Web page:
TAGHKANIC–More than any other ballet, Tchaikovsky’s Nutcracker, a 19th century tale of Christmas fantasy and intrigue, seems to capture the hearts of ballet’s youngest dancers. These children, mostly female, begin to study the art form at an early age after becoming captivated by the Nutcracker’s magic, and for a lucky few who rise to star in local productions, it’s a dream come true.
Nine year old Grace Howard of Churchtown saw her first ballet performance at the age of three at SPAC, the Saratoga Performing Arts Center, and lobbied her parents for ballet lessons until they consented. This Saturday, November 21, she will dance the in the starring role of Clara in the Albany Berkshire Ballet’s production of the Nutcracker in the 1 p.m. performance at Taconic Hills School in Craryville. A girl from Albany will perform the role at 4 p.m.
Although only in fourth grade, Grace has performed supporting roles of party child and tiny clown in the ballet in previous years’ productions.
Her teacher, Debra Jo Hughes, who founded and runs the Hudson Valley Academy of Performing Arts on Route 82 in West Taghkanic, is a dancer whose childhood involvement in Nutcracker performances led her to a successful dance career both as a performer on stage, in films and television, and as a teacher of dance at Columbia University, Long Island University, and Steps on Broadway before she moved to Columbia County and started her own school.
“She’s a joy to work with,” said Ms. Hughes of her student of three years. “She’s focused and takes correction well and has a lot of potential. She’s a beautiful dancer who has the talent, the desire to dance, and the drive.”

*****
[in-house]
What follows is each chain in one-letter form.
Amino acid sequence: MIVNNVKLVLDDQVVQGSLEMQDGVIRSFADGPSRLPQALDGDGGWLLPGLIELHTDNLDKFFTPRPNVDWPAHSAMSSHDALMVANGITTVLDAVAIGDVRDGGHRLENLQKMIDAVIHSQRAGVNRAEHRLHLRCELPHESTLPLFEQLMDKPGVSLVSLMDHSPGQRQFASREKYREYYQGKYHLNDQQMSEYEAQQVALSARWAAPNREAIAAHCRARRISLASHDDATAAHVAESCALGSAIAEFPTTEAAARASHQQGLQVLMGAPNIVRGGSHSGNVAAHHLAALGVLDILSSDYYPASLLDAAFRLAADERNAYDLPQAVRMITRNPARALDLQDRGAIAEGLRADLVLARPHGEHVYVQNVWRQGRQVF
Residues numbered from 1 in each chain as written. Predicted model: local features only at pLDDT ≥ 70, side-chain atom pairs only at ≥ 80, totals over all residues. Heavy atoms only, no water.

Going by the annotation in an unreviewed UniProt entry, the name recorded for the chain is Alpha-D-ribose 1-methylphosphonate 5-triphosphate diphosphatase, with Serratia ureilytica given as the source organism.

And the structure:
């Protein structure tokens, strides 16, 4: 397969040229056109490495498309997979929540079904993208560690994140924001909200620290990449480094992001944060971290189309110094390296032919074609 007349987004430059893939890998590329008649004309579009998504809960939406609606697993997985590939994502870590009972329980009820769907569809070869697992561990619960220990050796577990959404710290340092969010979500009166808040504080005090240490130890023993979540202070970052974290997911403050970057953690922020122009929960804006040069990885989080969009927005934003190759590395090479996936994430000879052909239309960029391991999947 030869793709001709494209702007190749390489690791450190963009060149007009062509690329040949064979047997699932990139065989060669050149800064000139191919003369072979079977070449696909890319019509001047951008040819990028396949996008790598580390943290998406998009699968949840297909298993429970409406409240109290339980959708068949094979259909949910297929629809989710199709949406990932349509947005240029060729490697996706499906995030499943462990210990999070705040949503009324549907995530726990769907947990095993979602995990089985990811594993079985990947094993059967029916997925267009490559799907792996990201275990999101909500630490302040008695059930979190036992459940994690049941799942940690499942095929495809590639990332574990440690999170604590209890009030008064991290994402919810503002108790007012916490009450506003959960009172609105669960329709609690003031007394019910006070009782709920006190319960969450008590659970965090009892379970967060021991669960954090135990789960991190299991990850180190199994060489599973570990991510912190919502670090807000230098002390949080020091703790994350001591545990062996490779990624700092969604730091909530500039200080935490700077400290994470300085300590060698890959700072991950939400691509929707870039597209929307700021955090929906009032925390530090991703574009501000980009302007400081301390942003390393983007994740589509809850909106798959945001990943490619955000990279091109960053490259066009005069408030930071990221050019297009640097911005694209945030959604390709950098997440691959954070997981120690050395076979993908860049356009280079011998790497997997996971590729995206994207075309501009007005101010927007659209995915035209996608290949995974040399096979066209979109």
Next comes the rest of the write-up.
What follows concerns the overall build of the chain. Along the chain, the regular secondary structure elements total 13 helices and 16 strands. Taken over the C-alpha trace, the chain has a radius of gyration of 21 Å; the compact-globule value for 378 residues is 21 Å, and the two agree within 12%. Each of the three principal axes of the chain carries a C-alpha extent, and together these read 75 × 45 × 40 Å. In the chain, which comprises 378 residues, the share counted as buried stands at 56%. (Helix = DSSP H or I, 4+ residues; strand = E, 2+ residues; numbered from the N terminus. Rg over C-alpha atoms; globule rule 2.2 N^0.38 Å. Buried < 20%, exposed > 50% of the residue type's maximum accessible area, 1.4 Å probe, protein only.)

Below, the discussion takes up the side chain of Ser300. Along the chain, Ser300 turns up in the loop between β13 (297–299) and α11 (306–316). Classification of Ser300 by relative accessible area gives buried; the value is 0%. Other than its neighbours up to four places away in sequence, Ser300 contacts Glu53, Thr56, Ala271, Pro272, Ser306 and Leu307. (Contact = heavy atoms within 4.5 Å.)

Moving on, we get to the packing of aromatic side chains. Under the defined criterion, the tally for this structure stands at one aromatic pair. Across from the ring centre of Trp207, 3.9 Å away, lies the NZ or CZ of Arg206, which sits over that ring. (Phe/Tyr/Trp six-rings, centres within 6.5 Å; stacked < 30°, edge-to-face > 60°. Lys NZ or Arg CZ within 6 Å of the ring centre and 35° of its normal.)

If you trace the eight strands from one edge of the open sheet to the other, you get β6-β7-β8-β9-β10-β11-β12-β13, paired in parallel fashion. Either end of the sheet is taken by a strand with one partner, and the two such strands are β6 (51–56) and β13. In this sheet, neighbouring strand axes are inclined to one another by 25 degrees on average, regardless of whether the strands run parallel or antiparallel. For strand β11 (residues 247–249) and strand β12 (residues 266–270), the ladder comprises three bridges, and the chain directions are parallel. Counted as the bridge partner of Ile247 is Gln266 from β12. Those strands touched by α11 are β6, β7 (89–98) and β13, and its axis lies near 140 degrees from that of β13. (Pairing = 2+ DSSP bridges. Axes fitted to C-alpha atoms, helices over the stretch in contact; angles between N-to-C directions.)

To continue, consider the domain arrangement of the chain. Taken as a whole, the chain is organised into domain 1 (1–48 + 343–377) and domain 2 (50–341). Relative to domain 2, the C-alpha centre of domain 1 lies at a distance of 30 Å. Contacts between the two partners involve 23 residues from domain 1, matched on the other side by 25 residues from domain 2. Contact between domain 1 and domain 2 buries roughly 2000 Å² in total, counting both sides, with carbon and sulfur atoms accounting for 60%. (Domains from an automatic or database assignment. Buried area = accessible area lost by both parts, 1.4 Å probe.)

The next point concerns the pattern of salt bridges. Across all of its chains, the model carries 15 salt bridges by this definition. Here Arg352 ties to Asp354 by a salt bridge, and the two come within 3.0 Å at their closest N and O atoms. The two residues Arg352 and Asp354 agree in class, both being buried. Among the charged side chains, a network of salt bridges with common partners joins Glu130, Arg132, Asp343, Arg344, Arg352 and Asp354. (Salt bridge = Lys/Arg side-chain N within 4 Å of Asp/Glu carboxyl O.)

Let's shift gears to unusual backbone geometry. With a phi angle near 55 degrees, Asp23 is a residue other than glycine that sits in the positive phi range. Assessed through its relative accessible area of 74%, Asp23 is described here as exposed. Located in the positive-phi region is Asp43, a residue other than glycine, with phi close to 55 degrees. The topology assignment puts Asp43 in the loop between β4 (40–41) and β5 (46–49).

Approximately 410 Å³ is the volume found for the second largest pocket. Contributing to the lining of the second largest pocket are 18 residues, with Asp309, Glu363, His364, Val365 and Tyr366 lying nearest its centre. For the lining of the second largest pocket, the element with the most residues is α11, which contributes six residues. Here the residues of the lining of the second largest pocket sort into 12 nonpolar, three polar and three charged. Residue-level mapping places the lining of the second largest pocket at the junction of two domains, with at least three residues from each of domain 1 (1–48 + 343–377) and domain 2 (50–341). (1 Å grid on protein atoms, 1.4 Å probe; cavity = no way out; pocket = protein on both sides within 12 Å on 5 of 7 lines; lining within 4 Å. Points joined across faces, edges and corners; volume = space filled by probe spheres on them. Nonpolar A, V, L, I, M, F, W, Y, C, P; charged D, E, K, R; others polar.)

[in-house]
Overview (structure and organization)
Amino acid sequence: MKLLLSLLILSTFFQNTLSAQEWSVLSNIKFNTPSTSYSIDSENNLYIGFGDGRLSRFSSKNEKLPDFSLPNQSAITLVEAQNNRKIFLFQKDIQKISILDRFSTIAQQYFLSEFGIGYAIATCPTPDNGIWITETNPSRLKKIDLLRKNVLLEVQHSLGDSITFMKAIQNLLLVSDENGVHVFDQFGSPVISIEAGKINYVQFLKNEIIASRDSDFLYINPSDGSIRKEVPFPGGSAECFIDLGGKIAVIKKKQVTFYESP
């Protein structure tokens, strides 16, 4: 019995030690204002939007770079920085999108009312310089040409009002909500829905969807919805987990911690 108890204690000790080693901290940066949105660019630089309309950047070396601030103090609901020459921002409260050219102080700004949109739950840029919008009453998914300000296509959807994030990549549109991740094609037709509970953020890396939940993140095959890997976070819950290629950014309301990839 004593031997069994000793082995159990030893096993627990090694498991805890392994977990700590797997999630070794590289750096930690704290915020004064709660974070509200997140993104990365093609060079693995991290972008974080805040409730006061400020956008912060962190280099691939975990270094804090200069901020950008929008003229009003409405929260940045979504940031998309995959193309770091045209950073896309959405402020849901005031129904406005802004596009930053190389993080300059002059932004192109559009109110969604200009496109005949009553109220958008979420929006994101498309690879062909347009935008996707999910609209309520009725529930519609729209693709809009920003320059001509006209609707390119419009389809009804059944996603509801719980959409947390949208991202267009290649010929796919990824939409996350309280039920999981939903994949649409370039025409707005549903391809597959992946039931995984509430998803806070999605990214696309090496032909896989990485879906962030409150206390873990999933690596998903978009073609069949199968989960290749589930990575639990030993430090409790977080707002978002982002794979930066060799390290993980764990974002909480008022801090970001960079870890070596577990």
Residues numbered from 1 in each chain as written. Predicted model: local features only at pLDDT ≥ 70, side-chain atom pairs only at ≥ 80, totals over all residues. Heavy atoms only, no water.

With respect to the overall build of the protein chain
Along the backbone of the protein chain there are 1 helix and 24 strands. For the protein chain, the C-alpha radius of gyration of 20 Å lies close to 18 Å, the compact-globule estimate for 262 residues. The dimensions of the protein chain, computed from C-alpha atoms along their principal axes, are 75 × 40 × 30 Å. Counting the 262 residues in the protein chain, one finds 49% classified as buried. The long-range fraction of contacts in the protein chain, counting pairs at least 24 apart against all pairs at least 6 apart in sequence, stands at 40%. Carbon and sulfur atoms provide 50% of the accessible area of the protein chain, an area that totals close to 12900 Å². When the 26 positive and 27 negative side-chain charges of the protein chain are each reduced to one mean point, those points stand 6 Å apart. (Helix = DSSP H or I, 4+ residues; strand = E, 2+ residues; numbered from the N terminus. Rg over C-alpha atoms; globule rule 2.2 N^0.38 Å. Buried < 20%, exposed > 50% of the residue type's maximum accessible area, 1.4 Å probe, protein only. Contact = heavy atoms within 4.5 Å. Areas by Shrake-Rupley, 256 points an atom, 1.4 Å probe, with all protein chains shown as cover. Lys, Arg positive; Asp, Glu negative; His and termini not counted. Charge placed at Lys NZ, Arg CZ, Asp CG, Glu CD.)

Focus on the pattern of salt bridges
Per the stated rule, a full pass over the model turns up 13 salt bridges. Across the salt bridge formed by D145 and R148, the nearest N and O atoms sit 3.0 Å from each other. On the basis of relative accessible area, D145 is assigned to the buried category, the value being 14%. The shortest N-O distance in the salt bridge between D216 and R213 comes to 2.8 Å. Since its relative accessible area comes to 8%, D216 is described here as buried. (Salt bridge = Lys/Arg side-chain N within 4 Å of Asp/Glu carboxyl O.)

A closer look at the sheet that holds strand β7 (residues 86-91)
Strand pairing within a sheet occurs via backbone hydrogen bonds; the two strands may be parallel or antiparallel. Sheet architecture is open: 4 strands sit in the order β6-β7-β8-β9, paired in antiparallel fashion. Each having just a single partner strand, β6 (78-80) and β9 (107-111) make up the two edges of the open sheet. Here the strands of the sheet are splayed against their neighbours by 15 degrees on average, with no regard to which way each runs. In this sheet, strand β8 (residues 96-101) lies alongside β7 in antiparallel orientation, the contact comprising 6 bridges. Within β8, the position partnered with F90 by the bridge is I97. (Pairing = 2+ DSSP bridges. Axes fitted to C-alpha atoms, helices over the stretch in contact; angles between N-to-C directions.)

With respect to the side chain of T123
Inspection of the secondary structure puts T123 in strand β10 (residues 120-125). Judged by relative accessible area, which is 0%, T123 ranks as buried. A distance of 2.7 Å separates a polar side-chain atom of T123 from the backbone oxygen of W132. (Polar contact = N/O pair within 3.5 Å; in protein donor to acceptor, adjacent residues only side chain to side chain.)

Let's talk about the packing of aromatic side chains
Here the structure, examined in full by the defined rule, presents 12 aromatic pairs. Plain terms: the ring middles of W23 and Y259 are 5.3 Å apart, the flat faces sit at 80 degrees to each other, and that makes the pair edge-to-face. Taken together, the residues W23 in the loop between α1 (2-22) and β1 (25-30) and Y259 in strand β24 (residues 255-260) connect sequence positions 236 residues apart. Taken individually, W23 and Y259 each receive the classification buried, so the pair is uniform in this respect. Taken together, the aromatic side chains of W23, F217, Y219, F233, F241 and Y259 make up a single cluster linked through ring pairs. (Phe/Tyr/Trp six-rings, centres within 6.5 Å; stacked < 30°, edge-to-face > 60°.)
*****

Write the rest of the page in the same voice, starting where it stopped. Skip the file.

At class with Ms. Hughes last month, one of the two she attends in Taghkanic each week, Grace is all energy and supple movement, concentration, poise and stage presence. Starting to practice before the class had even begun, she communicates her enthusiasm.
An observer soon sees that ballet is not just a physical challenge requiring mastery of positions and coordination of transitions from one position to another; the choreography demands that students remember numerous routines in French, a mental task that requires a high degree of concentration and recall.
“Grace has come so far under Debra’s instruction,” says Grace’s mother, Cybel Howard, who appreciates the fact that Ms. Hughes offers serious instruction to her students of every age, which the students can build on as they progress. Ms. Howard, who teaches business courses at Taconic Hills High School, and her husband, Neil, principal of the Taconic Hills Middle School, have cheerfully stepped up to the job of chauffeur, ferrying Grace to and from classes and rehearsals here and in Albany.
Last Sunday Grace was scheduled to go to Albany for the dress rehearsal, attended by Claras from all 17 performances of the production, which will travel between November 21 and December 22 to locations including Lebanon, NH, Burlington, Vt., Andover, Pittsfield and Springfield, Mass., ending up in Albany at the Egg to end its run. The corps and principal dancers will dance the same rolls in each performance, but each performance will have a different Clara.
“Grace auditioned for a part of a party child but they called her back in and auditioned her for Clara. It’s pretty exceptional that we have a local student in this role,” said Ms. Howard, whose younger daughter, Clare, will also dance in the performance as a Polschinelle, one of the little clowns who appear from under Mother Ginger’s enormous skirt.
When the curtain rises Saturday, all of the preparation will come together as finished artifice, all the work on form, technique, and routine, flavored with the spark of the individual dancer’s expression–that intangible, individual magic quality of being in the moment as that character–that each performer brings in her own way to the repertoire, breathing life into it once again.
“She has a lovely personality that will come out,” Madeline Cantarella Culpo, artistic director of the ballet company, said of Grace. Miss Madeline, as she is fondly called by her dancers, founded her school in the 1970s and the professional dance company of the Albany Berkshire Ballet the following decade. She says she is proud that so many of the principal dancers in the Nutcracker are home grown and that hers is one of the few regional companies to travel.
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